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President Barack Obama’s senior adviser David Axelrod told CNN’s “State of the Union” that Obama’s promised closure of the Guantanamo prison camp will not happen in late January of 2010, but that “We believe we’re going to substantially meet the deadline.” Obama had announced in January of this year that “Gitmo” would be closed within a year.

However, resistance from opponents and numerous legal issues are holding-up the base closure. The biggest problem: where to send the approximately 200 prisoners being held without charge, legal recourse, or a declared state of war that would make them prisoners of war.

Obama wants to bring the prisoners on U.S. soil and hold some sort of legal hearing/trial that will hopefully legitimize the six-year existence of the Guantanamo camp, and the controversial interrogation techniques practiced there. Former Vice President Dick Cheney has been a strident opponent of closing the camp, citing secrecy and intelligence concerns.

The latest plan being floated is for the Federal Government to buy an unused maximum-security prison in Illinois and house the Guantanamo prisoners there as they await probable military “tribunals”.  There are opponents to the use of the military justice system who claim it does not have the same defendant rights and protections that the public justice system provides.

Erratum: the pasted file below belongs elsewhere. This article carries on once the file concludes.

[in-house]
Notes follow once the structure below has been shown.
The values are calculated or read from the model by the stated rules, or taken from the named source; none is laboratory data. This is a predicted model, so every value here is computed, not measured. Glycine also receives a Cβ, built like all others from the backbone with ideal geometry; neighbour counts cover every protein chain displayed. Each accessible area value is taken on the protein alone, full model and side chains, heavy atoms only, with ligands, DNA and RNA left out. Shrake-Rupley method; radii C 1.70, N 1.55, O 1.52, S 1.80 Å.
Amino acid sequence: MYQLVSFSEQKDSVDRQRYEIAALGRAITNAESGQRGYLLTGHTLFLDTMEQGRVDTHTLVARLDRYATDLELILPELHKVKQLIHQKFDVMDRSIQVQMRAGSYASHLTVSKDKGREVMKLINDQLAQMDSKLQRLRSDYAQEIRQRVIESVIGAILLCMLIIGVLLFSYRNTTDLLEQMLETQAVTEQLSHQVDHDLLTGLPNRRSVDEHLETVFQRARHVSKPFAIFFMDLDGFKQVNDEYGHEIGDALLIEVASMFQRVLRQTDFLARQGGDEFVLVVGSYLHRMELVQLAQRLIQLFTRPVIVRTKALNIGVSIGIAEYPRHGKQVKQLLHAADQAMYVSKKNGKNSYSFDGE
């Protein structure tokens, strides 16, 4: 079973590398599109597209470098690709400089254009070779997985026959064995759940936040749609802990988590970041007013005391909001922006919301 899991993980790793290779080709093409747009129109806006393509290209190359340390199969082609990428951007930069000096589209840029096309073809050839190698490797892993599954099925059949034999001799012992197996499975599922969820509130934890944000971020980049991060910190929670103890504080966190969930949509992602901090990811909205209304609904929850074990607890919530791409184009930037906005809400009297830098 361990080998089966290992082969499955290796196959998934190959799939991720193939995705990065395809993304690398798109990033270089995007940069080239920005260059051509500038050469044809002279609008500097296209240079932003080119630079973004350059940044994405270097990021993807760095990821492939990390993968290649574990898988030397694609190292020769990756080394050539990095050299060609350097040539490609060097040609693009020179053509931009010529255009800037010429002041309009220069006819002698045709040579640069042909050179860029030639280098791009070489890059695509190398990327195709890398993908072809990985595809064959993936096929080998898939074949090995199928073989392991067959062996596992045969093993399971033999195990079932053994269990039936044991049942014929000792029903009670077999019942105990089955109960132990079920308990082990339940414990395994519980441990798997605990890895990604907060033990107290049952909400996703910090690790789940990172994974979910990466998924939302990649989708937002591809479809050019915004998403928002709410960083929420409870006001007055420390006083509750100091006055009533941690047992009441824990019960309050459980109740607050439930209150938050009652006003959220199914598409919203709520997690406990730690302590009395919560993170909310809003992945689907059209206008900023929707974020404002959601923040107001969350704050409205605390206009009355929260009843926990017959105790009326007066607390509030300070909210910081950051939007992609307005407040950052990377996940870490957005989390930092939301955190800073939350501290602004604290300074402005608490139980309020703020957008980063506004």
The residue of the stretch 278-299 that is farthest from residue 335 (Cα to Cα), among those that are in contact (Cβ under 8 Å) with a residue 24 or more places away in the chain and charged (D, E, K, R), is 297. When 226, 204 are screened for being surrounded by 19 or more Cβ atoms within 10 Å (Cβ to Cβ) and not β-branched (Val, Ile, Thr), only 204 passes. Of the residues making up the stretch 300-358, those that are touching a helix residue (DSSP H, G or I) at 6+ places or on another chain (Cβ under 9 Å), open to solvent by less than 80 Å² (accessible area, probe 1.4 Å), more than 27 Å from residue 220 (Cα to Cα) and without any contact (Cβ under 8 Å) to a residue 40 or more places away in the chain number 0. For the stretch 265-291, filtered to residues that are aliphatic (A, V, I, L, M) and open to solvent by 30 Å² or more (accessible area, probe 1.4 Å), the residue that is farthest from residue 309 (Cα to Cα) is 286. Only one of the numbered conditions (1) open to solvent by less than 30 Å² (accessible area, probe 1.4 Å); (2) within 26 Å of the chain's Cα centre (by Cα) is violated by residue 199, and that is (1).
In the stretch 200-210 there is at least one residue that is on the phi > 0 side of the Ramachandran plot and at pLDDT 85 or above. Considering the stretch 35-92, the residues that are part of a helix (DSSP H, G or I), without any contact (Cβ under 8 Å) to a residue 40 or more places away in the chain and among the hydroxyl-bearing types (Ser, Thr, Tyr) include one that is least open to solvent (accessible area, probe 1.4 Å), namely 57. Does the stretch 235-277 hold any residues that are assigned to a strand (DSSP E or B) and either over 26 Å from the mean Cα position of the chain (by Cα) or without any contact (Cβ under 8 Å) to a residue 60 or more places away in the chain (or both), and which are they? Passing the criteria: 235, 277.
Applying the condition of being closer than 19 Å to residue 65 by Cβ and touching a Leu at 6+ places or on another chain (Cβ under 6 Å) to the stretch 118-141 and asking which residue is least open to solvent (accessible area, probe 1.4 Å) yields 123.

Those who oppose any form of legal prosecution seem to fear the possibility the Guantanamo prisoners will be released on technicalities stemming from the questionable legality of their six-year incarceration without due-process.

If these prisoners were members of the armed forces of a recognized nation or other governing body, then the use of military courts would make some sense. However, most of them are classifiable as civilians, which is why the Bush administration tagged them with the label “unlawful combatants” – a term with no legal referent, though it is similar to the term “enemy combatant“. As civilians it seems to make sense to try them in civilian courts under civilian procedures. But some fear our justice system isn’t up to the test in the cynical wake of show trials such as the O. J. Simpson and Robert Blake cases.

The bottom line: something must be done to clean this mess up, as the Guantanamo episode has become a national embarrassment. We don’t need a replay of the sad situation with Haitian refugees that also played-out at Guantanamo under the Clinton adminstration. Perhaps we should trust our own system and get civilian trials underway.

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